This month’s National Geographic magazine is featuring an article on the exciting field of Biomimetics, or the science of mimicking nature in the development of new materials and products. Of all the industries, medicine will probably be one of the biggest beneficiaries of future discoveries in this field.
For all nature’s sophistication, many of its clever devices are made from simple materials like keratin, calcium carbonate, and silica, which nature manipulates into structures of fantastic complexity, strength, and toughness. The abalone, for example, makes its shell out of calcium carbonate, the same stuff as soft chalk. Yet by coaxing this material into walls of staggered, nanoscale bricks through a subtle play of proteins, it creates an armor as tough as Kevlar —3,000 times harder than chalk. Understanding the microscale and nanoscale structures responsible for a living material’s exceptional properties is critical to re-creating it synthetically. So today Andrew Parker had arranged to view the skin of a thorny devil museum specimen under a scanning electron microscope, hoping to find the hidden structures that allow it to absorb and channel water so effectively.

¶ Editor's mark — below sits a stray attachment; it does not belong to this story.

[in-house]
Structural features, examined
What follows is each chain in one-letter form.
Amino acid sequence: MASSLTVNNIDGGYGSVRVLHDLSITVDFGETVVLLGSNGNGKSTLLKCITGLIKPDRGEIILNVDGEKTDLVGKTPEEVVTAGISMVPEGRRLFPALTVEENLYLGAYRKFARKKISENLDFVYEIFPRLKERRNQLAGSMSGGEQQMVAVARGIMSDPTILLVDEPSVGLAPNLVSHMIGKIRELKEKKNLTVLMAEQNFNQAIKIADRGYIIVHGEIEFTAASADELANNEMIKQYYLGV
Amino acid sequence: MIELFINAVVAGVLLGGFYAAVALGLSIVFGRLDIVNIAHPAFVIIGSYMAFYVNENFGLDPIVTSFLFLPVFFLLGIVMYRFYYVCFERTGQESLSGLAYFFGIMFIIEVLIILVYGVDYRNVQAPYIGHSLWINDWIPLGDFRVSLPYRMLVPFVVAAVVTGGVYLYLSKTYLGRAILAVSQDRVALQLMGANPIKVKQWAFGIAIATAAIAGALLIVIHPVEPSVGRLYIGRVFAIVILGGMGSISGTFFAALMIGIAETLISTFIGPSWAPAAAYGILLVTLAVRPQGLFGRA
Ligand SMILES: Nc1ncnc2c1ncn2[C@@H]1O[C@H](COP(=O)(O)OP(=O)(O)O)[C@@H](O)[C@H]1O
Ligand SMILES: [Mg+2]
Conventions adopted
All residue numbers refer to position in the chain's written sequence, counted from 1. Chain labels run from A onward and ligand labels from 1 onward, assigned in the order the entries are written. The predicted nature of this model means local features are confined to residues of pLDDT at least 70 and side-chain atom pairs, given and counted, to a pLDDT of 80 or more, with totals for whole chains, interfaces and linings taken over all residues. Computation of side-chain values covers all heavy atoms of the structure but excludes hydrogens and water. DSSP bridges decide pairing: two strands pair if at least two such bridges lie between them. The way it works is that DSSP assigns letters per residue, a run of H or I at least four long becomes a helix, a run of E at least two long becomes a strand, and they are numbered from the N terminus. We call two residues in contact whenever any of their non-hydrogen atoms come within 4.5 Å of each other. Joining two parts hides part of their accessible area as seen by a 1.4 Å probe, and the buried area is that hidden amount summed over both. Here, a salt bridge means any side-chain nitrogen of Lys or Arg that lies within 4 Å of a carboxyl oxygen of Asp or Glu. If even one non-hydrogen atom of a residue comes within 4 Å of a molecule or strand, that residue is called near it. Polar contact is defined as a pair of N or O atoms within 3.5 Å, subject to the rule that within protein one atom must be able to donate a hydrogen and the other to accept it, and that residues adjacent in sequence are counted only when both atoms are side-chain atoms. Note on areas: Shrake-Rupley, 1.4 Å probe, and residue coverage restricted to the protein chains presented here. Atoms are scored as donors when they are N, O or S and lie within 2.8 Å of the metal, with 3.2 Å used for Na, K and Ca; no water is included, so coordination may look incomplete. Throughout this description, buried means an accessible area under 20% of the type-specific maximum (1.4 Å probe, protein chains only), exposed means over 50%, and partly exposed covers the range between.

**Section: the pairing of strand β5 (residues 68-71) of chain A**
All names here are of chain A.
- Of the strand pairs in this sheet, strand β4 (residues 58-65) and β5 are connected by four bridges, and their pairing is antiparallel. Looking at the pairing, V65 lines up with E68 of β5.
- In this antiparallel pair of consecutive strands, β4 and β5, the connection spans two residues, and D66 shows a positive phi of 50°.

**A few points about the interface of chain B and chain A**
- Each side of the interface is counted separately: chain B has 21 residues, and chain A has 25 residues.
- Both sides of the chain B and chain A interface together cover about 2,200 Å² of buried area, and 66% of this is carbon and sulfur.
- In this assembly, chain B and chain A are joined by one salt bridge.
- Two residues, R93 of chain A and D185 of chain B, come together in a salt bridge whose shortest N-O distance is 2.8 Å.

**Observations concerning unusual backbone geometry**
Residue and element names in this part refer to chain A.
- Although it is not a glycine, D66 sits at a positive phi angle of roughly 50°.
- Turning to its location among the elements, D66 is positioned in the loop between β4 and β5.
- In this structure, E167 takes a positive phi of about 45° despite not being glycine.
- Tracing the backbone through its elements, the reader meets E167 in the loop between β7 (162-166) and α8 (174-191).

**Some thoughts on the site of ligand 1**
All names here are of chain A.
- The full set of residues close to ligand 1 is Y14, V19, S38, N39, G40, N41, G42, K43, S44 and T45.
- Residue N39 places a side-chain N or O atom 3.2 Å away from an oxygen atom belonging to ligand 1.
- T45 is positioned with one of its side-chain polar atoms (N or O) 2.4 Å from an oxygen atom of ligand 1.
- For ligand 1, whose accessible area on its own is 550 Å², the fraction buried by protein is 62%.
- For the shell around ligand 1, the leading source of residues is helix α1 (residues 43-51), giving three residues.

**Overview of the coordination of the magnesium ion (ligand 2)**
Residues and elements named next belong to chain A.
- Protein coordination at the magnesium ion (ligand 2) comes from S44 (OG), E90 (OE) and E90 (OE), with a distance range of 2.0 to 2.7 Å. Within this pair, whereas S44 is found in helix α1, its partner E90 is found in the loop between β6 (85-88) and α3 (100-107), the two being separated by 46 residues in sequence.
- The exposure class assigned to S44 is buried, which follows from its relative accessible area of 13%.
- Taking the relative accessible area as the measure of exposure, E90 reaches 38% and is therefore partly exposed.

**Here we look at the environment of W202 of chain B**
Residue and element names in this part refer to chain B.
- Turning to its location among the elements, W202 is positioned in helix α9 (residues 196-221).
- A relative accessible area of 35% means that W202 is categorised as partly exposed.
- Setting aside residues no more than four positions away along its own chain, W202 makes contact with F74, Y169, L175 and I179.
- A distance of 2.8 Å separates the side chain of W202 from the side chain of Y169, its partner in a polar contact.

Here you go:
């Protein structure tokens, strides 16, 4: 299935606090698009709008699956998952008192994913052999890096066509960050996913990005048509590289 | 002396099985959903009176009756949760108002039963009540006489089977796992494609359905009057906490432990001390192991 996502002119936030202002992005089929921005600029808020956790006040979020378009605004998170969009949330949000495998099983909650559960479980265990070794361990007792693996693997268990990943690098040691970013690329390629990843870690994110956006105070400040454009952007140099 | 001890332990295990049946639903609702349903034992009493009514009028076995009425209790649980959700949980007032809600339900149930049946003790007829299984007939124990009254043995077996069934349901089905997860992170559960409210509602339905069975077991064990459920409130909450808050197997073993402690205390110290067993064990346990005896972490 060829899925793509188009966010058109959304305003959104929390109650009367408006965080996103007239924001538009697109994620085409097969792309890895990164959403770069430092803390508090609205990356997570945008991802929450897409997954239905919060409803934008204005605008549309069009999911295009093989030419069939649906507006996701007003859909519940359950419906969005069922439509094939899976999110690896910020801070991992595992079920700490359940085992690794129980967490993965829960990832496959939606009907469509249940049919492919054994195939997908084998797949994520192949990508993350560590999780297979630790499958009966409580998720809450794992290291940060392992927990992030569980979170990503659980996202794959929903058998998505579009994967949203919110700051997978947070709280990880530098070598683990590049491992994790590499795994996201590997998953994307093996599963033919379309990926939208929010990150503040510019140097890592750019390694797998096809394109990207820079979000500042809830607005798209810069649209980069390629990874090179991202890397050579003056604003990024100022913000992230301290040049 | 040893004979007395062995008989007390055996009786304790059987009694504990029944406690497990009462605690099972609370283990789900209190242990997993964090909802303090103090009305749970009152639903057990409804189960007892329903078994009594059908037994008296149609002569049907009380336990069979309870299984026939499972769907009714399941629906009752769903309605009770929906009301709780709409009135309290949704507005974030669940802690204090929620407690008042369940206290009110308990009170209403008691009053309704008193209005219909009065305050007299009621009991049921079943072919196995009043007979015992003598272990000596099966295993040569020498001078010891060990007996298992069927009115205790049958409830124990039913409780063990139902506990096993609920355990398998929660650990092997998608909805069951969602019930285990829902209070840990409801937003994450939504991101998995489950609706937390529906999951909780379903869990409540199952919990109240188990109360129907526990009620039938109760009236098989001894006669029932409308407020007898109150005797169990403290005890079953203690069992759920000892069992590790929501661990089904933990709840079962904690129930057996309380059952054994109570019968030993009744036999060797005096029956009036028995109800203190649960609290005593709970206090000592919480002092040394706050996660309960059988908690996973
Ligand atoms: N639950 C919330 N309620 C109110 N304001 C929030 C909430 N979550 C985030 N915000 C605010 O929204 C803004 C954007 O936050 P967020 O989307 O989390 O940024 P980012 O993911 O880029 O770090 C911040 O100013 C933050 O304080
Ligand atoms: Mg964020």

With a microscopist at the helm, we soared over the surface of the thorny devil’s skin like a deep-space probe orbiting a distant planet, dipping down now and then at Parker’s request to explore some curious feature of the terrain. There seemed to be little of interest in the Matterhornlike macrostructure of an individual thorn, though Parker speculated that it might wick away heat from the lizard’s body or perhaps help capture the morning dew. Halfway down the thorn, however, he noticed a series of nodules set in rows, which seemed to grade down to a larger water-collection structure. Finally we dove into a crevasse at the base of the thorn and encountered a honeycomb-like field of indentations, each 25 microns across.
"Ah-ha!" Parker exclaimed, like Sherlock Holmes alighting upon a clue. "This is clearly a superhydrophobic surface for channeling water between the scales." A subsequent examination of the thorny devil’s skin with an instrument called a micro-CT scanner confirmed his theory, revealing tiny capillaries between the scales evidently designed to guide water toward the lizard’s mouth. "I think we’ve pretty well cracked the thorny devil structure," he said. "We’re ready to make a prototype."
Full article at National Geographic: Biomimetics: Design by Nature…